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Eleazar Kalir

Eleazar Kalir is one of Judaism's most earliest and most prolific of the payyetanim, liturgical poets. Many of his hymss have found their way into the Siddur, the prayerbook of religious Jews.

In the acrostics of his hymns he usually signs his father's name, Kalir. Eleazar's name, home, and time have been the subject of many discussions in modern Jewish literature, and some legends concerning his career have been handed down.

His time has been set at different dates between the end of the seventh and the end of the tenth century of the common era. Older authorities consider him to have been a teacher of the Mishnah and identify him either with Eleazar b. 'Arak or with Eleazar b. Simeon. He has been confounded with another poet by the name of Eleazar b. Jacob; and a book by the title of "Kebod Adonai" was ascribed to him by Botarel.

Kalir's hymns early became an object of study and of Kabbalistic exegesis, as his personality was a mystery. It was related that heavenly fire surrounded him when he wrote the "Kedushshah"; that he himself ascended to heaven and there learned from the angels the secret of writing alphabetical hymns; and that his teacher Yannai, jealous of his superior knowledge, placed in his shoe a scorpion, which was the cause of his death.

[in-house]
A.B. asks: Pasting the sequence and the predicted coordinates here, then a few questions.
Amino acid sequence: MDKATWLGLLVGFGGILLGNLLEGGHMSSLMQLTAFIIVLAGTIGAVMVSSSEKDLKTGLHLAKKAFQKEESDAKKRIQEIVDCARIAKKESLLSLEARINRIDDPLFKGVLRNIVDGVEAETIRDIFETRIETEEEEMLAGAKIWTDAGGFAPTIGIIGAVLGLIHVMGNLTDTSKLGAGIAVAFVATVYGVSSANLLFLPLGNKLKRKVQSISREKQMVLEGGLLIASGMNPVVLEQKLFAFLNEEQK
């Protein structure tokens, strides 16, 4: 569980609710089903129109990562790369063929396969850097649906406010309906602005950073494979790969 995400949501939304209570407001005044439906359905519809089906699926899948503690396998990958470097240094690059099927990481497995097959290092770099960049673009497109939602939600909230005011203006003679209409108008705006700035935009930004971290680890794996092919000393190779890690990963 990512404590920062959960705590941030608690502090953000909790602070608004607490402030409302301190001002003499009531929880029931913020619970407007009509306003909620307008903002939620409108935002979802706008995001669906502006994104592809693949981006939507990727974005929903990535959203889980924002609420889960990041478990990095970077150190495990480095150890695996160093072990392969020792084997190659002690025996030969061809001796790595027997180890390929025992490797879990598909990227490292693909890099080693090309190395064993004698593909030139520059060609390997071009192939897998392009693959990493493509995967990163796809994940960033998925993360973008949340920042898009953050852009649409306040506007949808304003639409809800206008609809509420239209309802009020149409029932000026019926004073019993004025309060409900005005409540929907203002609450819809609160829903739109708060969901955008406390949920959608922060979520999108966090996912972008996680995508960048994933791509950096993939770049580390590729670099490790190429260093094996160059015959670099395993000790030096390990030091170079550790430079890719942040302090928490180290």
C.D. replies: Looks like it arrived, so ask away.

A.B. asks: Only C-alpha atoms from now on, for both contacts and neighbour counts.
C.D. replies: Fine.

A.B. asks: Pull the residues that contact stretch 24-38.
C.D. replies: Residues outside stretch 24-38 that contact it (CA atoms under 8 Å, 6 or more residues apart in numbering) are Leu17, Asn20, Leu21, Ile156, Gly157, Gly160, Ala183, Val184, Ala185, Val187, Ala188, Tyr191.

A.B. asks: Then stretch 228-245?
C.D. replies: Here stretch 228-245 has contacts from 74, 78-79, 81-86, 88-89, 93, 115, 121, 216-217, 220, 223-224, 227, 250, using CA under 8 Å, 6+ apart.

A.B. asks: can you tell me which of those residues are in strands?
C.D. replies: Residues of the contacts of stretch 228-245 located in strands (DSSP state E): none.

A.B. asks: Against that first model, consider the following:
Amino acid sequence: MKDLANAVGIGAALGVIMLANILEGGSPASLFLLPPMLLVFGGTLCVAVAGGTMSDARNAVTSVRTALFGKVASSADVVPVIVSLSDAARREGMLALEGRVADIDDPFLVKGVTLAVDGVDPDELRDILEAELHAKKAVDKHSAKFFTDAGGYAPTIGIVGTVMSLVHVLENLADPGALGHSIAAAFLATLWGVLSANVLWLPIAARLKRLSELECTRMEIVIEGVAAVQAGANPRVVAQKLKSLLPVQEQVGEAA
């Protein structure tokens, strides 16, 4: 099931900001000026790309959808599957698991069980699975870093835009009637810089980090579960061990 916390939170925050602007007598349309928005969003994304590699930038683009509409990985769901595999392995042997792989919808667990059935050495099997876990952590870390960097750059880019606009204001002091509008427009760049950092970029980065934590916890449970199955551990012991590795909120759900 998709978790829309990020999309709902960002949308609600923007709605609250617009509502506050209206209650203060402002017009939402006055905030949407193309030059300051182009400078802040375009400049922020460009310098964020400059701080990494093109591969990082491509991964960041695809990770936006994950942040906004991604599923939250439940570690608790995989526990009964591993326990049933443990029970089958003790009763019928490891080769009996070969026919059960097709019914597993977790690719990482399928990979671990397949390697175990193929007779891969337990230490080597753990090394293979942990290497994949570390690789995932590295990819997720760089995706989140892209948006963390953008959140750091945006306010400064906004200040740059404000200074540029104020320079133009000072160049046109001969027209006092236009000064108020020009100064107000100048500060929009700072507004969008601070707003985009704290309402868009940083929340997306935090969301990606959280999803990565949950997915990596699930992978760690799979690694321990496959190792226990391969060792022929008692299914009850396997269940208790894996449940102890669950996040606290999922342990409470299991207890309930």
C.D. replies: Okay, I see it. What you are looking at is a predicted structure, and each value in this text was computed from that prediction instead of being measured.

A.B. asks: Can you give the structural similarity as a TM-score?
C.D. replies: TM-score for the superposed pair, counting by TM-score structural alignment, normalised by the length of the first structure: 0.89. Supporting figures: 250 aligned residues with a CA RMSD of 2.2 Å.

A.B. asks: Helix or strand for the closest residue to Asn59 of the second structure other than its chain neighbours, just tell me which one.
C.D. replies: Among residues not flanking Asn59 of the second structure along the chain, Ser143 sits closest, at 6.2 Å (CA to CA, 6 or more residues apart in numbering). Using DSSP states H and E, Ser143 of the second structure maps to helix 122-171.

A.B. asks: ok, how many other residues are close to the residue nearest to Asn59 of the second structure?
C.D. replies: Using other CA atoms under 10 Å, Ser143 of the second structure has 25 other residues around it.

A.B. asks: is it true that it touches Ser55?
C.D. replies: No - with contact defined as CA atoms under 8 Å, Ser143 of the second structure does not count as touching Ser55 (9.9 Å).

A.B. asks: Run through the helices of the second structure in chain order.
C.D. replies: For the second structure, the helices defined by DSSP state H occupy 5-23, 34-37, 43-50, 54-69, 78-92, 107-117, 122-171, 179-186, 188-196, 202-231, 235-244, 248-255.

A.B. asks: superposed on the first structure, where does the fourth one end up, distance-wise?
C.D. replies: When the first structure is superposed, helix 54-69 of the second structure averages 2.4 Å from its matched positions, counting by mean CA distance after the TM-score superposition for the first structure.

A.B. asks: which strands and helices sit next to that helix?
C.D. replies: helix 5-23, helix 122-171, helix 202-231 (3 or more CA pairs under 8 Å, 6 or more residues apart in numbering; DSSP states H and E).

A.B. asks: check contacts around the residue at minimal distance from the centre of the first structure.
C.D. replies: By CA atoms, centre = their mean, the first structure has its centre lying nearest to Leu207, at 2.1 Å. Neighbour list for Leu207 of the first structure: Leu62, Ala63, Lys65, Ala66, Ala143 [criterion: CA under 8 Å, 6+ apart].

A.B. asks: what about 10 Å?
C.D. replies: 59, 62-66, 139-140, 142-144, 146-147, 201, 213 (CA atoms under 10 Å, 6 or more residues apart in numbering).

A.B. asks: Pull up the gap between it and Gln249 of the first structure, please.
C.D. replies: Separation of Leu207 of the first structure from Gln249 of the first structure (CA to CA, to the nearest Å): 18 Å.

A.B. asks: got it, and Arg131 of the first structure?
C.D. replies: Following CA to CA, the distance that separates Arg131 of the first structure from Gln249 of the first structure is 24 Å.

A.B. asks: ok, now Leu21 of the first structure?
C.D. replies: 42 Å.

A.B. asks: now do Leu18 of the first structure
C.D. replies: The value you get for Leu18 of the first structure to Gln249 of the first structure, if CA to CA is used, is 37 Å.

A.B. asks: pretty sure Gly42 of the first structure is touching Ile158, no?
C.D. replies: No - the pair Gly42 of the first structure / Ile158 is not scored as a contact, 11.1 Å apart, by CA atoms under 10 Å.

Modern research points to the probability that he and his teacher were Palestinian Jews; and since Yannai is known to have been one of the halakic authorities of Anan, the founder of Karaism, and must therefore have lived a considerable time earlier than Anan, Kalir's time may be fixed with some probability as the second half of the seventh century.

Sources and Style

Kalir was the first to embellish the entire liturgy with a series of hymns whose essential element was the Haggadah. He drew his material from the Talmud, and from Midrash compilations, some of which latter are now probably lost. His language, however, is not that of his sources, but Biblical Hebrew, enriched with daring innovations. His predilection for rare words, allegorical expressions, and haggadic allusions makes his writings hard to understand. His linguistic peculiarities were followed by many a succeeding payyetan (Hebrew poetic liturgists); and they influenced to some extent even early prose, especially among the Karaites.

With the awakening of linguistic studies among the Jews and with the growing acquaintance of the latter with Arabic, his linguistic peculiarities were severely criticized (e.g., by Abraham ibn Ezra on Eccl. v. 1); but the structure of his hymns remained a model which was followed for centuries after him and which received the name "Kaliric" (). While some of his hymns have been lost, more than 200 of them have been embodied in the Mahzorim, i.e., prayer-books for Rosh HaShanah and Yom Kipur.

See also: Siddur, Rabbi